Helen Keller: Inspiring Writer and Lecturer

Helen Keller was eighty-seven when she died on June 1, 1968, having lived without sight or hearing since she was nineteen months old—yet becoming a world-renowned writer and lecturer!
Special education for the deaf and the blind was unheard of in rural Alabama in 1880, but Helen Keller was quite a stubborn pupil!

Anne (Annie) Sullivan, herself partially blind, had learned how to communicate at the Perkins School for the Blind using hand signals. She was hired by the Keller family to teach the “signing” language to their daughter.

Helen made remarkable progress in the years of Anne Sullivan’s tutoring, ultimately graduating cum laude from Radcliffe and while there writing her first autobiography, The Story of My Life.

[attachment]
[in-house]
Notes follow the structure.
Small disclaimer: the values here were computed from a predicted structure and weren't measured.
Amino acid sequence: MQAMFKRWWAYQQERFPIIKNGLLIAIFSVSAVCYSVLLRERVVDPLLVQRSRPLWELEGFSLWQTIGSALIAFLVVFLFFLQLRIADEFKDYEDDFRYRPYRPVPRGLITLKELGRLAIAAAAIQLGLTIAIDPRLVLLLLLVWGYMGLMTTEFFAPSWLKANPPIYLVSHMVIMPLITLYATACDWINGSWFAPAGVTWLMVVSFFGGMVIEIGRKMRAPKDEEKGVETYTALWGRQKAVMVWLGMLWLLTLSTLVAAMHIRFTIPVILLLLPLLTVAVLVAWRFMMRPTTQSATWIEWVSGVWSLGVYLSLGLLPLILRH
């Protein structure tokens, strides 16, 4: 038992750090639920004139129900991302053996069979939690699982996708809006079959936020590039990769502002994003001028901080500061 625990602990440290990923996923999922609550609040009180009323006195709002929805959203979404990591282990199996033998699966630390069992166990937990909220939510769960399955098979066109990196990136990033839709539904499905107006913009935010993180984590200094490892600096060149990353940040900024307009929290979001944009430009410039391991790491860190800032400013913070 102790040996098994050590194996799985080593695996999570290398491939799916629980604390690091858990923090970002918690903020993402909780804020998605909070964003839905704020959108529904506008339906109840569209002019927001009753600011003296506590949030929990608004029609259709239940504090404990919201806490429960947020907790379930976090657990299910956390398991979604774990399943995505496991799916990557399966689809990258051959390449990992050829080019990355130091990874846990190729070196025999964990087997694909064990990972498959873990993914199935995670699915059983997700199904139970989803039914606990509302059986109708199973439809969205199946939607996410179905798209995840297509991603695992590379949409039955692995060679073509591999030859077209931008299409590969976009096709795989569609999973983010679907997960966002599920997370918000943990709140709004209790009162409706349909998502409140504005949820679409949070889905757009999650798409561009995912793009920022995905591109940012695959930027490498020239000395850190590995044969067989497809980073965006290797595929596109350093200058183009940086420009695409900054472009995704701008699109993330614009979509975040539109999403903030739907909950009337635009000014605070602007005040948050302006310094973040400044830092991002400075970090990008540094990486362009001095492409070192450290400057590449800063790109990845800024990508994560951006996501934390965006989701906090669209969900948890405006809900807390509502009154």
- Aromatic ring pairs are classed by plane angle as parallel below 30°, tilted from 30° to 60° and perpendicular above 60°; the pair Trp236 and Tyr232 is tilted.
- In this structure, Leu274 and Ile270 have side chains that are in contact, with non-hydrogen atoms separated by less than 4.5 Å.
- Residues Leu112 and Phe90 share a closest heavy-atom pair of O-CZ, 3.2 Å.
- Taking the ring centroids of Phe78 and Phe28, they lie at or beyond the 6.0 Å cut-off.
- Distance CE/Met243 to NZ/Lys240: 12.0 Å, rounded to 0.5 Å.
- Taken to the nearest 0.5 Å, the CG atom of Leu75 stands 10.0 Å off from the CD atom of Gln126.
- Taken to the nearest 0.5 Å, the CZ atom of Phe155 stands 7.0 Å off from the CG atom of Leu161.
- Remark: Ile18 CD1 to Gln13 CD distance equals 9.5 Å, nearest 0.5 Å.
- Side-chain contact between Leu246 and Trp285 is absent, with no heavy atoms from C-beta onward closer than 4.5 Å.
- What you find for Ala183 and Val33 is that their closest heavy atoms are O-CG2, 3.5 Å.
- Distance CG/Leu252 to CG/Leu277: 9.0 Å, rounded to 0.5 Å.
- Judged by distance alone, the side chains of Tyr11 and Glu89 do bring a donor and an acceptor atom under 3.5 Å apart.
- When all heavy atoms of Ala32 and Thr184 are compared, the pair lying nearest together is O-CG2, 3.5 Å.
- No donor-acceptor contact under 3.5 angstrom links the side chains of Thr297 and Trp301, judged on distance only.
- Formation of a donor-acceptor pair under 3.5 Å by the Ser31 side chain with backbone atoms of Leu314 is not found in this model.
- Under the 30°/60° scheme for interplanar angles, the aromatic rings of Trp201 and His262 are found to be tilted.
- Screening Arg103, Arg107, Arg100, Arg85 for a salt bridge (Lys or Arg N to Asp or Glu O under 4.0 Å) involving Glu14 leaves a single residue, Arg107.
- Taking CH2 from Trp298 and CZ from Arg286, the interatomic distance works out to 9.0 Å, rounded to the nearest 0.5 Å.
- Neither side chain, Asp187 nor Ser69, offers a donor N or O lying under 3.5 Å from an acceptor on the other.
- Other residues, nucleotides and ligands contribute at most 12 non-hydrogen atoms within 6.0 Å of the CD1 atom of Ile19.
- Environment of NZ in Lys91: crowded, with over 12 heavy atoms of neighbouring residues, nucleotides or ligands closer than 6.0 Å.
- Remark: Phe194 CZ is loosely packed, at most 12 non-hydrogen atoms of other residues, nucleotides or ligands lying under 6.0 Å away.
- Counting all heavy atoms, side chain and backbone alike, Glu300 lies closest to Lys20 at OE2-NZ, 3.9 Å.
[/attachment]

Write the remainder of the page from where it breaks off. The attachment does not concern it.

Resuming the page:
In later years, Helen credited her eagerness for knowledge to the choice of books introduced to her by Anne Sullivan—including the Bible! And in a thought mirroring 2 Corinthians 4:18, Helen said the Bible gave her a “deep comforting sense that things seen are temporal and things unseen are eternal.”

Engage with the Bible—in its impact and influence!

Share

More Book Minute Features

August 19, 2019

Hieroglyphic Bibles

Millions of Bibles are published each year for children — in all sizes, shapes and colors — in a variety of translations. But perhaps none are more in...
August 12, 2019

Wycliffe Translators Origins

In 1917, a missionary named William Cameron Townsend went to Guatemala to sell Spanish Bibles. He was shocked when many people couldn’t understand the...
August 05, 2019

Five Presidential Birthdays

Five former US presidents have birthdays in August, with the oldest being Benjamin Harrison, followed by Herbert Hoover, Lyndon Johnson, Bill Clinton...